Fewer Notts care home workers than before mandatory Covid vaccine announcement

Hundreds fewer people are working in Nottinghamshire's care homes now than when mandatory Covid vaccines were announced for the sector, figures suggest.

Tuesday, 11th January 2022, 9:01 am

Rules set by the Government last year stated care workers in England needed to have at least one dose of the coronavirus vaccine by September 16 to continue working, and two doses by November 11.

The move was in response to the high number of deaths in the care sector during the pandemic, but was widely criticised, among fears of an ‘exodus’ of care staff.

NHS England data shows 8,553 people were working in older adult care homes across Nottinghamshire on January 2 – the most recent date for which figures are available.

Sign up to our daily newsletter

The i newsletter cut through the noise

Anita Astle, owner and manager of Wren Hall Nursing Home in Selston.

This was 257 fewer than the 8,810 recorded on July 18 – days before a 16-week ‘grace period’ for care workers to get their first jab started.

Wren Hall Nursing Home, of Nottingham Road, Selston, is among those to lose staff.

Anita Astle, home owner, said: “Sadly, since March 2021 when the mandating of vaccination was first muted and November 11, when the mandating of vaccination in social care came into force, Wren Hall did lose seven staff.

“This saddens me as even though I support the vaccination initiative, most of these staff had worked through wave one of the pandemic caring for those who were Covid-positive.”

Across England, the number of staff in older adult care homes dropped by 17,000 over the same period.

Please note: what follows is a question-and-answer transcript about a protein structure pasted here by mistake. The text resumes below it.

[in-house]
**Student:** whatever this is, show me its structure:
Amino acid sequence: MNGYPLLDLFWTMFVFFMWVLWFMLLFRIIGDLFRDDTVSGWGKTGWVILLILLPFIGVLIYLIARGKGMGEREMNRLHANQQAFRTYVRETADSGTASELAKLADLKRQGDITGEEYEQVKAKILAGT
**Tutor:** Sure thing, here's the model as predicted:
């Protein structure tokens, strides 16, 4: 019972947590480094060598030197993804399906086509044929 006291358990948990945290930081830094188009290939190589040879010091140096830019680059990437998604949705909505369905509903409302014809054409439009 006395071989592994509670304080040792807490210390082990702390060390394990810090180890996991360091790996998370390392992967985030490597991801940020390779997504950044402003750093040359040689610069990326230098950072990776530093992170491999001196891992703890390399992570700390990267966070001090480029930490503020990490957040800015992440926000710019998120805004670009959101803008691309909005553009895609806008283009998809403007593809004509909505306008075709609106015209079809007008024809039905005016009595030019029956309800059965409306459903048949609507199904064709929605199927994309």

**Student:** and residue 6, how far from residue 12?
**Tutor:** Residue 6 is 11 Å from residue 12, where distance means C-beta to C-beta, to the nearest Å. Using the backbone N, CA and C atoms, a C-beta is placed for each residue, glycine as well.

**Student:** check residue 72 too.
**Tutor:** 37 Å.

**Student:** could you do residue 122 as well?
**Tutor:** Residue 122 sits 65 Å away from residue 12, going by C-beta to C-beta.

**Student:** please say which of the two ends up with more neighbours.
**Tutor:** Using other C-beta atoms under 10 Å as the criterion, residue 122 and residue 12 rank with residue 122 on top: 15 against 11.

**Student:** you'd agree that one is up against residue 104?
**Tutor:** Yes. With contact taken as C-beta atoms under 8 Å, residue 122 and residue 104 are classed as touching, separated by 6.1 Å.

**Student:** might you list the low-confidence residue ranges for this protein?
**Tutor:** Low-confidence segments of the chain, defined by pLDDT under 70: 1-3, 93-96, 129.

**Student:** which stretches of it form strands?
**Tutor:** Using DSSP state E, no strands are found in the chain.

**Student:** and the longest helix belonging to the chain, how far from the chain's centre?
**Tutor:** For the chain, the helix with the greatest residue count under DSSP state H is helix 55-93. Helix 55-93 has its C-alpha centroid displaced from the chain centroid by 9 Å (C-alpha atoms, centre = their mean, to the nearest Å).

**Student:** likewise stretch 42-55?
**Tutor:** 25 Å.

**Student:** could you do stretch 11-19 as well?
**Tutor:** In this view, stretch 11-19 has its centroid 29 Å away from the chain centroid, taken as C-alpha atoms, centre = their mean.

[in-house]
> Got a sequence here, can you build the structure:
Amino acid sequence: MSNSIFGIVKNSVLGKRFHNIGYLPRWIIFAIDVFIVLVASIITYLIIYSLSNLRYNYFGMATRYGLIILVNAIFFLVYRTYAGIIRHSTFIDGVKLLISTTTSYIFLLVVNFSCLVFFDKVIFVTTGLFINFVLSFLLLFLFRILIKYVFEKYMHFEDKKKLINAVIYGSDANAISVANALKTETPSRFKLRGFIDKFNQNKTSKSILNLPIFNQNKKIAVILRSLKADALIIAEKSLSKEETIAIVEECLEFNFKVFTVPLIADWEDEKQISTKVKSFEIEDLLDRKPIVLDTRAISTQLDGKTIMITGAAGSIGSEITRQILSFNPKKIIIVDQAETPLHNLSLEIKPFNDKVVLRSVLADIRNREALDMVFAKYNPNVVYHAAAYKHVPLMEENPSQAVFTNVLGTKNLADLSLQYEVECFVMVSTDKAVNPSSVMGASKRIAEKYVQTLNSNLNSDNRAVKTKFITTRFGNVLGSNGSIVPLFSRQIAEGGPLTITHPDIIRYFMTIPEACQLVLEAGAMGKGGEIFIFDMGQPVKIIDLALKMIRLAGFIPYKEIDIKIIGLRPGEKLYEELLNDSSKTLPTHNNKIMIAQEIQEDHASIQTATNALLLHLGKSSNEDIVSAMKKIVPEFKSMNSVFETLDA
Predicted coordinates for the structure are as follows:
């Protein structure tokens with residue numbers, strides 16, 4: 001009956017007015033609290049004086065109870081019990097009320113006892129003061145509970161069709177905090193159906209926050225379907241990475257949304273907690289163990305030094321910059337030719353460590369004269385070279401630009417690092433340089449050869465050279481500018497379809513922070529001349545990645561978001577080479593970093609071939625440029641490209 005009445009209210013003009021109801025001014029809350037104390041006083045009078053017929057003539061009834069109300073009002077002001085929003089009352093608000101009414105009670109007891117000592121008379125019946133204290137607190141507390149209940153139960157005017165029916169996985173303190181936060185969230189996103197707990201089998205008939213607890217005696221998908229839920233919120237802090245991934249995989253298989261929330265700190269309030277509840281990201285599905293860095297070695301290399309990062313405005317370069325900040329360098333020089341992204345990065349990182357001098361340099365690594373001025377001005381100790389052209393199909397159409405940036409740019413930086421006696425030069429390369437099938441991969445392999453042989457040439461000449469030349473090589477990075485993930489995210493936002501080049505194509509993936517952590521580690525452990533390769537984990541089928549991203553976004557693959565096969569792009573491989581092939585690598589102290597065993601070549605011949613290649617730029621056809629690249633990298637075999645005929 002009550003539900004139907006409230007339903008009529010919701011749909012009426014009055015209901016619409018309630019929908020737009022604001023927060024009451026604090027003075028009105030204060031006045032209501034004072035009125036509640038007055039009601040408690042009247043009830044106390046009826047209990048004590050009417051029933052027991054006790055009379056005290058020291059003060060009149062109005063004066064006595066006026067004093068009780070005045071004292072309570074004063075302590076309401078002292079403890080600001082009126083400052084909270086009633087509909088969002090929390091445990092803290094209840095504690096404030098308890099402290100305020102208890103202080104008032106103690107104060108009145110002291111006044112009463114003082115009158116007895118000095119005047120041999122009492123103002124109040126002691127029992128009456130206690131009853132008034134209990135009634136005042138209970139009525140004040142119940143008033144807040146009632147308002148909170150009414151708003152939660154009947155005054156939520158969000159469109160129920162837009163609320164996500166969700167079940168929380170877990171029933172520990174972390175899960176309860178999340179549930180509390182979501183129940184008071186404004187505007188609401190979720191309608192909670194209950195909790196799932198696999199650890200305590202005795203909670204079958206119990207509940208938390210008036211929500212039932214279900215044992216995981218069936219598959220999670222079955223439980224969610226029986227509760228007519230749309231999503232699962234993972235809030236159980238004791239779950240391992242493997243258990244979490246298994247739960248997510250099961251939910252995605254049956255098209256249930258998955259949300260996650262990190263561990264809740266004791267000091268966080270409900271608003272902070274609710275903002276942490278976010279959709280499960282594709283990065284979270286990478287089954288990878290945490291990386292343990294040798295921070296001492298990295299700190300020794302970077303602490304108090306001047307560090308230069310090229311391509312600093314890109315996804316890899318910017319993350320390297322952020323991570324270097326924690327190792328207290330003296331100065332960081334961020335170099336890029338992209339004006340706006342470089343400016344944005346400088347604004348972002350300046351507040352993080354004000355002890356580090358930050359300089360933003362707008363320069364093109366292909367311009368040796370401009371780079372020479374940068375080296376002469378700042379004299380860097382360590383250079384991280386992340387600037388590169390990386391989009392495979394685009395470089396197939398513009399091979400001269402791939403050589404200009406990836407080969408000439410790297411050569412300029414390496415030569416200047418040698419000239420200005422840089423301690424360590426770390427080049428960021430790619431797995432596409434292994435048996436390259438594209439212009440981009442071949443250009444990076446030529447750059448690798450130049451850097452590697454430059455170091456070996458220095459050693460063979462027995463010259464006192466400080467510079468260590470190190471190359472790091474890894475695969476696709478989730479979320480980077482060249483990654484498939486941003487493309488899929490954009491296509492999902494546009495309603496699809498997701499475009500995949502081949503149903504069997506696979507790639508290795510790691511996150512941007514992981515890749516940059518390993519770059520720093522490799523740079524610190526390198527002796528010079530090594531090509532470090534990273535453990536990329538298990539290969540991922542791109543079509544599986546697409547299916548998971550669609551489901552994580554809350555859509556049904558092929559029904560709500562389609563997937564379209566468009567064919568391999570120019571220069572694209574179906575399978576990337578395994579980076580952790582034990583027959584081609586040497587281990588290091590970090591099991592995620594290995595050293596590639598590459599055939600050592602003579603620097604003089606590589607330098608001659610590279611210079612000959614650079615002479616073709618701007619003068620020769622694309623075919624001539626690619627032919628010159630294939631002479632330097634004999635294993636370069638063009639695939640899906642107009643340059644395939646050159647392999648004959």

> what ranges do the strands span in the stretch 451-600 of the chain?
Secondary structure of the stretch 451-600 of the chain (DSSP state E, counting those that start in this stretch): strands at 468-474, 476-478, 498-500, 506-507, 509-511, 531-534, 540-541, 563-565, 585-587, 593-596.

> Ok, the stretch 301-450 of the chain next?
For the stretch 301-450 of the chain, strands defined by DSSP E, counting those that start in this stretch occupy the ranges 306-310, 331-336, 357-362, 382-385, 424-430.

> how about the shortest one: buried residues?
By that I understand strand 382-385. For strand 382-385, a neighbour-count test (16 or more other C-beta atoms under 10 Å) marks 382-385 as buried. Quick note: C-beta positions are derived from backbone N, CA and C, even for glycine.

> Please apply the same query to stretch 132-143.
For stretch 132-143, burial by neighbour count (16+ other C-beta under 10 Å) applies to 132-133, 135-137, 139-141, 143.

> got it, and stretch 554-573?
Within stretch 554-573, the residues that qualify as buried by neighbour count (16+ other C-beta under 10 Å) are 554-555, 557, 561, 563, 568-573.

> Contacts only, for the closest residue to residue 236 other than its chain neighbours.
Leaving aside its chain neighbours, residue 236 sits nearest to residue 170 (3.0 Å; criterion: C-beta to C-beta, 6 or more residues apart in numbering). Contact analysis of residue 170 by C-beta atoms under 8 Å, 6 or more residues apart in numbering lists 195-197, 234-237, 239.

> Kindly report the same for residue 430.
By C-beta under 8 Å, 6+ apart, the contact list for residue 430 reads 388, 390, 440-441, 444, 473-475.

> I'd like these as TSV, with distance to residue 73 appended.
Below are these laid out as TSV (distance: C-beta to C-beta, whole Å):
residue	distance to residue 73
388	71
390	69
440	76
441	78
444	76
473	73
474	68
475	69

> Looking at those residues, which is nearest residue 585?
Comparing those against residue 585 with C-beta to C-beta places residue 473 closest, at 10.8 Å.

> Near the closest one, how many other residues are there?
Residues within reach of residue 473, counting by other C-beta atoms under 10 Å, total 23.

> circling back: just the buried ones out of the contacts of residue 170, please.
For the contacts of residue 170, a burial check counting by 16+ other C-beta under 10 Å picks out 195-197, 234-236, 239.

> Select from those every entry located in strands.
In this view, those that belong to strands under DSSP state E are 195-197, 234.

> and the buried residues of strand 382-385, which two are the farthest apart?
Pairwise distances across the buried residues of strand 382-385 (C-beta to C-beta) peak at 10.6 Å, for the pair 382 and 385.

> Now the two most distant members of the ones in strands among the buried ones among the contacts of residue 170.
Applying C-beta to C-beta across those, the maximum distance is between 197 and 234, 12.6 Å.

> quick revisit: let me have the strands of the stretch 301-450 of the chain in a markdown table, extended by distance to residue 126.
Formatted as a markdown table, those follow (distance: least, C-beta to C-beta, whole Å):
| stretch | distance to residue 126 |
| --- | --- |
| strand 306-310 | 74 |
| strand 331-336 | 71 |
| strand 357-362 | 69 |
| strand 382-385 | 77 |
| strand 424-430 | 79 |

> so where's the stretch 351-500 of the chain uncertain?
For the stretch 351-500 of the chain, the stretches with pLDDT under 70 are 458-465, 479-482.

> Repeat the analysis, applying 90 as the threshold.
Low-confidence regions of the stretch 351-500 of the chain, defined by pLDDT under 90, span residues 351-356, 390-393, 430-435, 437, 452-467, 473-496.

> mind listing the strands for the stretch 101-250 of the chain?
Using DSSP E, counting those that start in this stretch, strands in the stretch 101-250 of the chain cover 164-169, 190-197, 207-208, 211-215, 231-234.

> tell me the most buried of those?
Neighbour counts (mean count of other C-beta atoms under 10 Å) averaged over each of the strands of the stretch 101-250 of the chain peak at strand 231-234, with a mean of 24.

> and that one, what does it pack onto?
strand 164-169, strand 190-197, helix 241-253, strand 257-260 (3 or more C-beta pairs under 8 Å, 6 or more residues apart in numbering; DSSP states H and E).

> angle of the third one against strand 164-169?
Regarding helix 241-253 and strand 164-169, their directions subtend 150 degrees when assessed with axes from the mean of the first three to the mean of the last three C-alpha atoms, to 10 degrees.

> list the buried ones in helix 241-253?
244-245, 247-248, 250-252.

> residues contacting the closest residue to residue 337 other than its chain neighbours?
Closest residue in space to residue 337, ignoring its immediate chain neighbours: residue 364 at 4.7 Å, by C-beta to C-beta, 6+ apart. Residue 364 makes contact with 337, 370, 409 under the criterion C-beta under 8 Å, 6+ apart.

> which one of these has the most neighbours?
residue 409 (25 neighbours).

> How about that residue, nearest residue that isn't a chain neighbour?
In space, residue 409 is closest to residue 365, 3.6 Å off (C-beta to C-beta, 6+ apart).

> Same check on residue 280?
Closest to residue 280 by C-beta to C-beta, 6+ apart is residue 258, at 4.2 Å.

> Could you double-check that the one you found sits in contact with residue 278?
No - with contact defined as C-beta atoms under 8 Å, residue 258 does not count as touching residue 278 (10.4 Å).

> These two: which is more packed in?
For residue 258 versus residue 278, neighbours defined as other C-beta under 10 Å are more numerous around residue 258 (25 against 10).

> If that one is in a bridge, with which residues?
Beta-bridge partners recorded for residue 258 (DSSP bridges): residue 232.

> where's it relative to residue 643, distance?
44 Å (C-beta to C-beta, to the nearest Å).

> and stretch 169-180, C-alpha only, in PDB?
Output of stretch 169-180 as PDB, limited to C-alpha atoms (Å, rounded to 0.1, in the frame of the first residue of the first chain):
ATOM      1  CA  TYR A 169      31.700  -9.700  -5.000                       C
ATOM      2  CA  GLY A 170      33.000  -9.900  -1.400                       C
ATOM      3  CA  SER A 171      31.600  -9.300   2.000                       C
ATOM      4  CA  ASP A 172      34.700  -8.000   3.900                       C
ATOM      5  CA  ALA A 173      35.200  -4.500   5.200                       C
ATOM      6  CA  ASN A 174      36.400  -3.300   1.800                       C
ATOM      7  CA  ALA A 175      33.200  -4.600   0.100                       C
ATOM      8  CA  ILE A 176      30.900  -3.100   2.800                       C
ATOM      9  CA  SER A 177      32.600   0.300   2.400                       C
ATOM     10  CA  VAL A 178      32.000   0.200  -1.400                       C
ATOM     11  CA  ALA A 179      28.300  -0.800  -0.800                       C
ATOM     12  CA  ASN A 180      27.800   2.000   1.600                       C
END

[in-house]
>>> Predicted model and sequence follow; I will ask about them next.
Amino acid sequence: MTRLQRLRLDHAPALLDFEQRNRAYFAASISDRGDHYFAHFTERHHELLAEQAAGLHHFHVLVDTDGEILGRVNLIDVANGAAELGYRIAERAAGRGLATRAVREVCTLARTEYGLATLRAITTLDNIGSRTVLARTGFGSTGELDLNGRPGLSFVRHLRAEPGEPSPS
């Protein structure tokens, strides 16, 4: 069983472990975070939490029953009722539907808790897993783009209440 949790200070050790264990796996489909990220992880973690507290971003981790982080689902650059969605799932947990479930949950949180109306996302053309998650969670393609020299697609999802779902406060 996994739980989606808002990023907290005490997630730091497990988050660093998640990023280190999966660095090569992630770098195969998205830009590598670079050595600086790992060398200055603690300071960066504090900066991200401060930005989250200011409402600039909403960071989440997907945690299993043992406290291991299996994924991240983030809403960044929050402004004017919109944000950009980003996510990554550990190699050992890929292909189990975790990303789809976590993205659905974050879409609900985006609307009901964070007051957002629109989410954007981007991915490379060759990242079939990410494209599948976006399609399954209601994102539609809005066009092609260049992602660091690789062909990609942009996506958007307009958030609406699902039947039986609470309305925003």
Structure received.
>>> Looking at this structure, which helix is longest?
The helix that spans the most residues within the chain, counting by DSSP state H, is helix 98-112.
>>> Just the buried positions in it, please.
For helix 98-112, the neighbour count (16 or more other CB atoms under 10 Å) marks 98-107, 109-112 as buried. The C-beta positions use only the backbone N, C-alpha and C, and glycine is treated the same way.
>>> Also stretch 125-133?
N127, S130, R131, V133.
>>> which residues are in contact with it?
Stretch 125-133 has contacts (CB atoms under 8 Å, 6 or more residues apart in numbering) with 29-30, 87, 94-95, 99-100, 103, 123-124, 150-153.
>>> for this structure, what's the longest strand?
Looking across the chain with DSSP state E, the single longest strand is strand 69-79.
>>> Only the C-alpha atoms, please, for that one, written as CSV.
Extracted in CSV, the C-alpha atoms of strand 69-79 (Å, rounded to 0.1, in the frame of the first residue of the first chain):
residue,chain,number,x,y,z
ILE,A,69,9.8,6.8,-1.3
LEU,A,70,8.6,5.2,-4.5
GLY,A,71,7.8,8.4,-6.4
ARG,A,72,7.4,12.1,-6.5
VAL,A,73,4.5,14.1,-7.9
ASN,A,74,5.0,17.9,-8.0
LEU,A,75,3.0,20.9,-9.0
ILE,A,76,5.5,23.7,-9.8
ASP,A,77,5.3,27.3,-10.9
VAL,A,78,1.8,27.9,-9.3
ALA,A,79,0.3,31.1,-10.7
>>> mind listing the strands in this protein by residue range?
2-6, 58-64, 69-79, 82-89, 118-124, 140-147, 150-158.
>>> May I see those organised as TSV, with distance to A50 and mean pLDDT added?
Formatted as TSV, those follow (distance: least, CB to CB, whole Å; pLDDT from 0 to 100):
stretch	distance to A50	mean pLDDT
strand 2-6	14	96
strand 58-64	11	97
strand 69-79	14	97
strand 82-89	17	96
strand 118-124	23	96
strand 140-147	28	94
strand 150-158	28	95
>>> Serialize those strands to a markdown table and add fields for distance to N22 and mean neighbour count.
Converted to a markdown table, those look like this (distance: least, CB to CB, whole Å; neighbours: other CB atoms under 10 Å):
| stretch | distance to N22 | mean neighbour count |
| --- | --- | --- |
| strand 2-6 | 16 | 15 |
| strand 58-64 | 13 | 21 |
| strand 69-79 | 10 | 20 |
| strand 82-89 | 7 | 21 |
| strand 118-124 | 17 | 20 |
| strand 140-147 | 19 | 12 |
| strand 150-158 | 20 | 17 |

It is unclear how many workers left as a result of the mandatory vaccine policy.

Read More

Read More
Green light for more than 70 new homes at former Mansfield quarry

Recruitment

The Government announced it is relaxing immigration rules to make up for “severe and increasing difficulties” with recruitment and retention in the care sector.

It follows a recommendation from the Migration Advisory Committee that care jobs be made eligible for the health and care visa, designed to help migrants get work visas to fill jobs where there are shortages.

Care providers are experiencing high vacancy rates and turnover, and pressure on staffing is being exacerbated by the spread of the Omicron variant.

Sam Monaghan, chief executive of MHA, the UK’s largest charitable care provider, said: “Essential care and support for older people is facing a staffing crisis the likes of which we have never seen before.

“The changes to immigration rules are a very welcome step forward in addressing the ongoing care staffing crisis.

“However, it will be some months before older people feel the benefit of these much-needed changes.”

The NHS data shows 8,115 workers at older adult care homes in Nottinghamshire had received two Covid jabs by January 2 – 95 per cent of staff employed on that date, and up from 6,645 on July 18.

Across England, 95 per cent of older adult care home workers have received two doses of a Covid jab.

The Department for Health and Social Care said new starters can be deployed to work care homes 21 days after receiving one dose of the vaccine and are required to get a second jab within 10 weeks.

Others not fully vaccinated may consist of those on maternity leave, long term sickness or otherwise not currently deployed, a DHSC spokeswoman added.

They said £462.5 million had been provided for recruitment and retention, and the department was working with the care sector to encourage booster uptake.

A message from Jon Ball, your Chad Editor: Please support your Chad by becoming a digital subscriber. You will see 70 per cent fewer ads on stories, meaning faster load times and an overall enhanced user experience. Click here to subscribe.